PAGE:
Rapid onsets of warming events trigger mass mortality of coral reef fish

Amatzia Genin, Liraz Levy, Galit Sharon, Dionysios E. Raitsos, Arik Diamant

Research output: Contribution to journalArticlepeer-review


Our study reveals a hitherto overlooked ecological threat of climate change. Studies of warming events in the ocean have typically focused on the events' maximum temperature and duration as the cause of devastating disturbances in coral reefs, kelp forests, and rocky shores. In this study, however, we found that the rate of onset (Ronset), rather than the peak, was the likely trigger of mass mortality of coral reef fishes in the Red Sea. Following a steep rise in water temperature (4.2 °C in 2.5 d), thermally stressed fish belonging to dozens of species became fatally infected by Streptococcus iniae. Piscivores and benthivores were disproportionately impacted whereas zooplanktivores were spared. Mortality rates peaked 2 wk later, coinciding with a second warming event with extreme Ronset. The epizootic lasted ~2 mo, extending beyond the warming events through the consumption of pathogen-laden carcasses by uninfected fish. The warming was widespread, with an evident decline in wind speed, barometric pressure, and latent heat flux. A reassessment of past reports suggests that steep Ronsetwas also the probable trigger of mass mortalities of wild fish elsewhere. If the ongoing increase in the frequency and intensity of marine heat waves is associated with a corresponding increase in the frequency of extreme Ronset, calamities inflicted on coral reefs by the warming oceans may extend far beyond coral bleaching.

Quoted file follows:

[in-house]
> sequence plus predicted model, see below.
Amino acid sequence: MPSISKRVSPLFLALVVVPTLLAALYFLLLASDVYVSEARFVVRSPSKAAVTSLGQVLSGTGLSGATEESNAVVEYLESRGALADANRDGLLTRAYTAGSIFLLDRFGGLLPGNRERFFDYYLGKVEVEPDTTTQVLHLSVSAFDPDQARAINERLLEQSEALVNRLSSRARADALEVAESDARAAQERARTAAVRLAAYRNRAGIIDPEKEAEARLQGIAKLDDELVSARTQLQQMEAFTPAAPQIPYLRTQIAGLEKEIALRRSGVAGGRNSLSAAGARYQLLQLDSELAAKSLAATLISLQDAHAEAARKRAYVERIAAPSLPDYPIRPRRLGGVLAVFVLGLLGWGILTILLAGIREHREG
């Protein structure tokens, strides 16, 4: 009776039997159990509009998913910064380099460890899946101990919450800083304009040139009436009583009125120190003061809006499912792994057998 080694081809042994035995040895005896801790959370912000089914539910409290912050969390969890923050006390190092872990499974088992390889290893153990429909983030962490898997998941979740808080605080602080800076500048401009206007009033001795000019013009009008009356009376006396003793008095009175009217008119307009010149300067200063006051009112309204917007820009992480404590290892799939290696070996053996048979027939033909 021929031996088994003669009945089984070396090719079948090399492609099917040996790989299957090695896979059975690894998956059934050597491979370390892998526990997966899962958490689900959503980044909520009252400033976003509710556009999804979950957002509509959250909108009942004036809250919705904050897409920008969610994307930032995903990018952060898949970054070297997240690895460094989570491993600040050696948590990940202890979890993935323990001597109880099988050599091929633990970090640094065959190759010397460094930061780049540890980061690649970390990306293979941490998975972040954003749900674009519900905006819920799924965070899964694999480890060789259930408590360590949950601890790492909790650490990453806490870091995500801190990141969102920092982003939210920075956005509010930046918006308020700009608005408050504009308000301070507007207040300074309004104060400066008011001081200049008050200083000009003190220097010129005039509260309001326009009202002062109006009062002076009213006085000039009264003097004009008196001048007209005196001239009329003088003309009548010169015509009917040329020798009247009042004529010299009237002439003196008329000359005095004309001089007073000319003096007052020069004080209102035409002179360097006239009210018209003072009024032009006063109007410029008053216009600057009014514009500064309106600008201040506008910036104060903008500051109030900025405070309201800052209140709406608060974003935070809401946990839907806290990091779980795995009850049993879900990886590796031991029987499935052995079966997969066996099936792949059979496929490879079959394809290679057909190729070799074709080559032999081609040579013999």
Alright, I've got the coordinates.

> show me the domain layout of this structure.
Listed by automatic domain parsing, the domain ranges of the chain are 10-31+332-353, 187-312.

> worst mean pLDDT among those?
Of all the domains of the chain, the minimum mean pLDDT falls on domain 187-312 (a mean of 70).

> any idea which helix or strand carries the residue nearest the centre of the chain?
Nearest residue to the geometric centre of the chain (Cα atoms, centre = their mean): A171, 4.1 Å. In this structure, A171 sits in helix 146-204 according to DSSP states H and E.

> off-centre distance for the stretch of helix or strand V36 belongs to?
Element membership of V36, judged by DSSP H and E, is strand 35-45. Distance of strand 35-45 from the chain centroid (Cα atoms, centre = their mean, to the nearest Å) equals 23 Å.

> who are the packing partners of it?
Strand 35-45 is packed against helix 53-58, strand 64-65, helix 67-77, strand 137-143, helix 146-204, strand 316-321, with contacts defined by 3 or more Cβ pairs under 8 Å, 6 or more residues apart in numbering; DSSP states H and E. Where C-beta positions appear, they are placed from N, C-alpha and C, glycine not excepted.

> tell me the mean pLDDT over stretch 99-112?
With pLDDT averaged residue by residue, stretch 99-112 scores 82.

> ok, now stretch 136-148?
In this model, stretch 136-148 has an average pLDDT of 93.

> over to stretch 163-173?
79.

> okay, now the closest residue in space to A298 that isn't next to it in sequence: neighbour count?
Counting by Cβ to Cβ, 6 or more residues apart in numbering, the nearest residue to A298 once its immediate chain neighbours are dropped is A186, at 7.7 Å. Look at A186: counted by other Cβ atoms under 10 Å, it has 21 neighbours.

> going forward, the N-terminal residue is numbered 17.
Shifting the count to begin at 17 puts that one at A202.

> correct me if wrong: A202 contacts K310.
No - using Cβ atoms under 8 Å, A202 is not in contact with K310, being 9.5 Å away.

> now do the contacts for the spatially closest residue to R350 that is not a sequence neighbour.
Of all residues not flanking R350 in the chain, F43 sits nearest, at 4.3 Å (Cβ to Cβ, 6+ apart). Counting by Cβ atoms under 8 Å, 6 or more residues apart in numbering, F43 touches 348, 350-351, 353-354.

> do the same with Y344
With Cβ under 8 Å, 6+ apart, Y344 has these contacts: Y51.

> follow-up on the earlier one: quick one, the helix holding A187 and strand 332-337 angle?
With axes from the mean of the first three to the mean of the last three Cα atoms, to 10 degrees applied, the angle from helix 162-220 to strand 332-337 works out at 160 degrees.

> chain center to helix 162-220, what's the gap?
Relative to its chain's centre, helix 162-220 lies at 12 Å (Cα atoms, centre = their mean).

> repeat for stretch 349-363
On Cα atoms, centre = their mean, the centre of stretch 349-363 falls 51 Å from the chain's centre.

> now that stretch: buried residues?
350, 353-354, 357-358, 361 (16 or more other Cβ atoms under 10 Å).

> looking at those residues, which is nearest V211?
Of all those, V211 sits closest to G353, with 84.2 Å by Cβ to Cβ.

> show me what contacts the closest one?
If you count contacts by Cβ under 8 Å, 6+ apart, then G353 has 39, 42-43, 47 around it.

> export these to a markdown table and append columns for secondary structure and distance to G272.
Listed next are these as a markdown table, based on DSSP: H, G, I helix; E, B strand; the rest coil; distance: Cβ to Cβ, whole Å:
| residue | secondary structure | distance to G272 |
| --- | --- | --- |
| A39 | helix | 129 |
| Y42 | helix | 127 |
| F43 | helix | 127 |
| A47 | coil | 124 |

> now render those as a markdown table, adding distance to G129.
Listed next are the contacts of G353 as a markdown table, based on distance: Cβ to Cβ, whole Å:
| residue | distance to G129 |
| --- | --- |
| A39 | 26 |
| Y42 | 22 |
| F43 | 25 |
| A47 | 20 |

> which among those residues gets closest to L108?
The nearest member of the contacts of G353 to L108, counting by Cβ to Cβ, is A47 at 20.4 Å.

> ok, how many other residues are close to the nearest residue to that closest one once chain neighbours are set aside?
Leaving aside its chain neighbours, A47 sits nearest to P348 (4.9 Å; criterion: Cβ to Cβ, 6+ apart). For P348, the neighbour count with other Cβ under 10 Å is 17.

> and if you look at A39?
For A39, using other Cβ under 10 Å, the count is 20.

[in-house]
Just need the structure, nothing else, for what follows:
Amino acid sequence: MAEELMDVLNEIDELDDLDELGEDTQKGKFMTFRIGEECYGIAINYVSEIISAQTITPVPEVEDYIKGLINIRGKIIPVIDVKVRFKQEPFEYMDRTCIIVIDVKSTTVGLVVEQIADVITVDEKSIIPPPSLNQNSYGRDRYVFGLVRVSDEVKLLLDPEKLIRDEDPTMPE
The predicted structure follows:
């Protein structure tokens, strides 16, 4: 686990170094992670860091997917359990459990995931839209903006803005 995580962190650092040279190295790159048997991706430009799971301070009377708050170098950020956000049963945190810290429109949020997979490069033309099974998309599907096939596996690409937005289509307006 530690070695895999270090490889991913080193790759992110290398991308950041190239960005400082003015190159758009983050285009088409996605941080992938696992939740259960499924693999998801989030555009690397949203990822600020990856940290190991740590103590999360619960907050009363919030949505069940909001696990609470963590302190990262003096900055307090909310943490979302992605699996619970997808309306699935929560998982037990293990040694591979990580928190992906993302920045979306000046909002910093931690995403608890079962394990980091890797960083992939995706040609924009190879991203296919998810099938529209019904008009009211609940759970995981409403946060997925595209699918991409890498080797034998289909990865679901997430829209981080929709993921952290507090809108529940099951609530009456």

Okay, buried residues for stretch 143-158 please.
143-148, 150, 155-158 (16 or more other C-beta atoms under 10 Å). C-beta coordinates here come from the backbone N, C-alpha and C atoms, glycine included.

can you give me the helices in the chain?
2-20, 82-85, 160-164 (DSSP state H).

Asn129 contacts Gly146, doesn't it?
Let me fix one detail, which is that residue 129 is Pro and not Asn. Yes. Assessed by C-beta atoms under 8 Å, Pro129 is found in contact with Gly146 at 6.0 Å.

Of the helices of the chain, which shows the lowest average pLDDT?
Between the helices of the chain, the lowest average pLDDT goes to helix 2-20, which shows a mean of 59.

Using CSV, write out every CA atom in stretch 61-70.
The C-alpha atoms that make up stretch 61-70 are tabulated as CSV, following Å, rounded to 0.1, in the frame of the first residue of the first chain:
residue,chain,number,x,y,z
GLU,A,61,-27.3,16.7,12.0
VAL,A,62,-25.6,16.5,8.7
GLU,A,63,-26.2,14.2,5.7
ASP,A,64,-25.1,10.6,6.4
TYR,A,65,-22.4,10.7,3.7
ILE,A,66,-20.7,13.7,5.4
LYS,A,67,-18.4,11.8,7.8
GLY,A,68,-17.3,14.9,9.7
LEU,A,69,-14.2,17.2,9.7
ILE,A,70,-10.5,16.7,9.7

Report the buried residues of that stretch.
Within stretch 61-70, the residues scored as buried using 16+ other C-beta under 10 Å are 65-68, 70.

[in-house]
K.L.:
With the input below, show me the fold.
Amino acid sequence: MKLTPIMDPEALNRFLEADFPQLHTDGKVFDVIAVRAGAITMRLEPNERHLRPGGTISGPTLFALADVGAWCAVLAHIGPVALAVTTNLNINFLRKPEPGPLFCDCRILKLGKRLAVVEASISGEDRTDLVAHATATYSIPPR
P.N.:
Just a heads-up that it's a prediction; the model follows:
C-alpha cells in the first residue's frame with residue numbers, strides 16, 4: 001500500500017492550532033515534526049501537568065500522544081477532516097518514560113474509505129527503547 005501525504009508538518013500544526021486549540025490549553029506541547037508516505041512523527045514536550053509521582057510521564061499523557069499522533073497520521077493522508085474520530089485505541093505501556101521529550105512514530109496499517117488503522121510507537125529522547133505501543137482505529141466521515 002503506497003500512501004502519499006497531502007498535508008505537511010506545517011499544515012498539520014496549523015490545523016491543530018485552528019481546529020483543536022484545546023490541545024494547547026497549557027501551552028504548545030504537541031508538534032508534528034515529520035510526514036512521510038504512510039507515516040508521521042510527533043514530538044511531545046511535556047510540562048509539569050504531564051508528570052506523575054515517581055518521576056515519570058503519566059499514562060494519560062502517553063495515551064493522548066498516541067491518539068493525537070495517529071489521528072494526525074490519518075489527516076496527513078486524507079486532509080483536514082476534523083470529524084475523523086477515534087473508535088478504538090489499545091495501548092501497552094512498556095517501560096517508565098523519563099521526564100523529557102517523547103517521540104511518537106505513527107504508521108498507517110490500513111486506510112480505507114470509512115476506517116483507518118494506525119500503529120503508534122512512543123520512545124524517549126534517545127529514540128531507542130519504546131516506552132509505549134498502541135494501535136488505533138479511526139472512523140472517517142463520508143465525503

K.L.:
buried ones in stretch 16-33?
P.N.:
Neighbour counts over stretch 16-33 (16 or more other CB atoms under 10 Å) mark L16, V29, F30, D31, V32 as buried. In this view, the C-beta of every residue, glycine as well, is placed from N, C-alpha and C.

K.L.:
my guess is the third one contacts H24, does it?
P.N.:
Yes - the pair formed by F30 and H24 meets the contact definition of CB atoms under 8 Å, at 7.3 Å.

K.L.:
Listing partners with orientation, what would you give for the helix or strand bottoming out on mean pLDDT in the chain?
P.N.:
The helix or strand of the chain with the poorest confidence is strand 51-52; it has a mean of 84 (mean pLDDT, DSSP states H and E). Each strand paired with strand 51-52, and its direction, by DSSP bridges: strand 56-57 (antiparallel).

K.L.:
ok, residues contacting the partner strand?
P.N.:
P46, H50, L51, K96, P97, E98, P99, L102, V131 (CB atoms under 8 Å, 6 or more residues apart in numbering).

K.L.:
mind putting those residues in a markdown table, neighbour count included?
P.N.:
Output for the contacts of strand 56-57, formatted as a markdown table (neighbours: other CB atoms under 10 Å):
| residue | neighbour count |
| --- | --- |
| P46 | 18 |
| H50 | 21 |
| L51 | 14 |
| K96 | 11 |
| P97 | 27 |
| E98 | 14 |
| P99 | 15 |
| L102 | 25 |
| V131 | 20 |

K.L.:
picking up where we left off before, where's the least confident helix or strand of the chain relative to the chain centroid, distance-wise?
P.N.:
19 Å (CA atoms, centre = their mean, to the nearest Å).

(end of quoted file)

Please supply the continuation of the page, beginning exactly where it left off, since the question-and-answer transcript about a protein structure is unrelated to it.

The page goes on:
Original languageEnglish
Pages (from-to)25378-25385
Number of pages8
JournalProceedings of the National Academy of Sciences of the United States of America
Issue number41
StatePublished - 13 Oct 2020

Bibliographical note

Publisher Copyright:
© 2020 National Academy of Sciences. All rights reserved.


  • Epizootic
  • Heat flux
  • Red Sea
  • Streptococcus
  • Warming rate

ASJC Scopus subject areas

  • General


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